Table_1_Enamel and Dentin Caries Risk Factors of Adolescents in the Context of the International Caries Detection and Assessment System (ICDAS): A Longitudinal Study.DOCX
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Objective: The objective of this study was to identify risk factors for enamel and dentin caries in adolescents.
Method: This 1-year longitudinal study was conducted in 2018 and 2019; 13- to 14-year-old adolescents were recruited. The merged International Caries Detection and Assessment System (ICDAS) was used to identify caries. The relationships between the caries increment and variables were analyzed with a zero-inflated negative binomial (ZINB) regression model.
Results: A total of 1,016 participants completed the assessment. The ZINB analysis found that individuals with caries at baseline were more likely to develop new dentin caries. Females, or individuals who had a high cariostat score had an increased likelihood of having a high ΔD4-6MFT score. Among the caries-free adolescents at baseline, females, or individuals who consumed snacks once or more than once a day were more likely to develop caries. Individuals from one-child families, who used fluoride toothpaste, and who had a high saliva buffering capability (pH≥4.25) had an increased likelihood of a low ΔD1-6MFT score.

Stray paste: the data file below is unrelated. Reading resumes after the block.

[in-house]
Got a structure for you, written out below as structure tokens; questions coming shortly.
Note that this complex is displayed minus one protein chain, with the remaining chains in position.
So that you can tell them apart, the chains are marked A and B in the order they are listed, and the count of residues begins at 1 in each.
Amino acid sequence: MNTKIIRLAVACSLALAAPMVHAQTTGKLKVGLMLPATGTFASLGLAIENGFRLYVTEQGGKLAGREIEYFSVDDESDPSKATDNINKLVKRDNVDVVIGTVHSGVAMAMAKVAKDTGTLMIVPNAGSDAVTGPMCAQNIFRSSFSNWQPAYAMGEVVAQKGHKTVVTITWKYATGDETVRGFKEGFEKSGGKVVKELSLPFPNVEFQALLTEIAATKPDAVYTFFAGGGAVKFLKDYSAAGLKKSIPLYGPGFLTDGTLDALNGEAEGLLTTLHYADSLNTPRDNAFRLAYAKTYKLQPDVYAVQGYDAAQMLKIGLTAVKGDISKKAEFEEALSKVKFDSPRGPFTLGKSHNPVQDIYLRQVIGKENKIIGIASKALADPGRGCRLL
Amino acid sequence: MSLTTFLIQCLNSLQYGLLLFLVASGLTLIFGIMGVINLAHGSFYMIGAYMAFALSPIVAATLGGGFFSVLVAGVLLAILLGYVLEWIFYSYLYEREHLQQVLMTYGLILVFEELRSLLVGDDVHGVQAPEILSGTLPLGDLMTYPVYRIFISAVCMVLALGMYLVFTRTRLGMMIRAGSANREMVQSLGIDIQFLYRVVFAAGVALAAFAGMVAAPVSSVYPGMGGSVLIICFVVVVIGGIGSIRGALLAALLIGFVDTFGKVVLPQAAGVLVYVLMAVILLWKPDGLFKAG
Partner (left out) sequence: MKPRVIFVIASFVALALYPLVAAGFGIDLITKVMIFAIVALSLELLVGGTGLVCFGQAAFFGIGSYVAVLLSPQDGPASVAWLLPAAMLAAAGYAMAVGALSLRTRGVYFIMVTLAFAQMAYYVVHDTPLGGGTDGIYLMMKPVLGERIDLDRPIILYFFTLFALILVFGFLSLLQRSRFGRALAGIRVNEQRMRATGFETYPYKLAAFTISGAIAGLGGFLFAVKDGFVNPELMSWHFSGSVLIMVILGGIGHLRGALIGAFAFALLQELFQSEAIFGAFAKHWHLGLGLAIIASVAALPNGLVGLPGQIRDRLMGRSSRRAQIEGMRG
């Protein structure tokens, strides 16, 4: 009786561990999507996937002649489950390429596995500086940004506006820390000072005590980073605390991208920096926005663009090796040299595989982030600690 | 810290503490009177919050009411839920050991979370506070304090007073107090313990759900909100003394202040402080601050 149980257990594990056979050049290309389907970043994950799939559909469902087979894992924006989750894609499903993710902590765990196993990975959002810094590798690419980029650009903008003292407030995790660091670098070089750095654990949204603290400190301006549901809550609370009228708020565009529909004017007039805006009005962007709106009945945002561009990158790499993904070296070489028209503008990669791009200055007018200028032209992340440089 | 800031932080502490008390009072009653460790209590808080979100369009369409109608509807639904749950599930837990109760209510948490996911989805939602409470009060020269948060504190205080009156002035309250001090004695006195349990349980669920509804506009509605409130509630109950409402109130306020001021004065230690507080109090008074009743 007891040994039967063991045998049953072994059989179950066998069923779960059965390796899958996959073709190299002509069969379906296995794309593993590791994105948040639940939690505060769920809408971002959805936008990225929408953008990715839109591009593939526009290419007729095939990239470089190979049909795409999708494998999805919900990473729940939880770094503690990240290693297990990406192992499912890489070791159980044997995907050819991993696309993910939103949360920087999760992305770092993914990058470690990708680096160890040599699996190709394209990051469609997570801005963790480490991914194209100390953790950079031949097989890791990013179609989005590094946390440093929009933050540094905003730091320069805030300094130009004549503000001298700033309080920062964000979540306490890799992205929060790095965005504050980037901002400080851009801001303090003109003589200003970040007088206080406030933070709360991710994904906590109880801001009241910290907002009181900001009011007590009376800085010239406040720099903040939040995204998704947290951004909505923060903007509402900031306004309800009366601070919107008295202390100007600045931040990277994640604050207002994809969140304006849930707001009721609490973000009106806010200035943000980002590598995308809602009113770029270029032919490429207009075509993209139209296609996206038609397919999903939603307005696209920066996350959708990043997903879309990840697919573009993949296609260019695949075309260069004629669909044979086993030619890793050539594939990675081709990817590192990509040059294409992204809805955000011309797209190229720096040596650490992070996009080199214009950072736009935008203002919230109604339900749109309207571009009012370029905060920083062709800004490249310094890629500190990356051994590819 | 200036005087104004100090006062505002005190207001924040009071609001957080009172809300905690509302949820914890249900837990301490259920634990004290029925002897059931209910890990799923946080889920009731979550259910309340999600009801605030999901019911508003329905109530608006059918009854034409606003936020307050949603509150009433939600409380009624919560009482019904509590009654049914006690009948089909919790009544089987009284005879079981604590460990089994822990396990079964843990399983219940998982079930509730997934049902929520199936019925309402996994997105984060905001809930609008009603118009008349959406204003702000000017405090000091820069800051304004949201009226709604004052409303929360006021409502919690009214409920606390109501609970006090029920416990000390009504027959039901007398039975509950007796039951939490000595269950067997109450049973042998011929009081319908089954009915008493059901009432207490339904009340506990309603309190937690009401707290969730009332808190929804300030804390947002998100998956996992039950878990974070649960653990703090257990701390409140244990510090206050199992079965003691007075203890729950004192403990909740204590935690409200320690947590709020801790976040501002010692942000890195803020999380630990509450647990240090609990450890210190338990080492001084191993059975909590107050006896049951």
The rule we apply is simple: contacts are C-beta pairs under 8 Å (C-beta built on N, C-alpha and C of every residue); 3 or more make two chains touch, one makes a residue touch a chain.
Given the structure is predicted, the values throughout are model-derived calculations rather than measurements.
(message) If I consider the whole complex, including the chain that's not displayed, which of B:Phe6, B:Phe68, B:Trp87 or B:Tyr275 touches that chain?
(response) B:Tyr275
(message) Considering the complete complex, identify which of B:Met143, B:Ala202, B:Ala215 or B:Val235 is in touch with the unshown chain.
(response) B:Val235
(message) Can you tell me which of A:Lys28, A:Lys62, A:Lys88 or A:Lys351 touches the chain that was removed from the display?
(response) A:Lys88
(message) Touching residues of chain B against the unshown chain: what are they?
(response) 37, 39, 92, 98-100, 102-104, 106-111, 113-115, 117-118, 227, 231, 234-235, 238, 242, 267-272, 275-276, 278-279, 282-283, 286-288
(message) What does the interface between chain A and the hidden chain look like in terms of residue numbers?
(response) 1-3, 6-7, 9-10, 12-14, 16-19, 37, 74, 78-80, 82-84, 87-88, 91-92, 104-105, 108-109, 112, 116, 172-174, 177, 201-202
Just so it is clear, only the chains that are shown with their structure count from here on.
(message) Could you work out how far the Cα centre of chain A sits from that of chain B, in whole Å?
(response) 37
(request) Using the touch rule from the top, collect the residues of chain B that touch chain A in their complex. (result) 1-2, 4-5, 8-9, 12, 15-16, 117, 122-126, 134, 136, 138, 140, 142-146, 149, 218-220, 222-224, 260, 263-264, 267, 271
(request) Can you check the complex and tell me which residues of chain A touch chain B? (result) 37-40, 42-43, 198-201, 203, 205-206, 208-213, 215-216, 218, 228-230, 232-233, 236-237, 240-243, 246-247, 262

Conclusion: The results suggest that there are some specific risk factors of initiating of enamel caries in adolescents, including the frequency of snack consumption, sex, saliva buffering capability, fluoride toothpaste usage and belonging to a one-child family. In all adolescents, most of whom have enamel caries, the dentin caries risk factors were past caries experience, cariostat score and sex.
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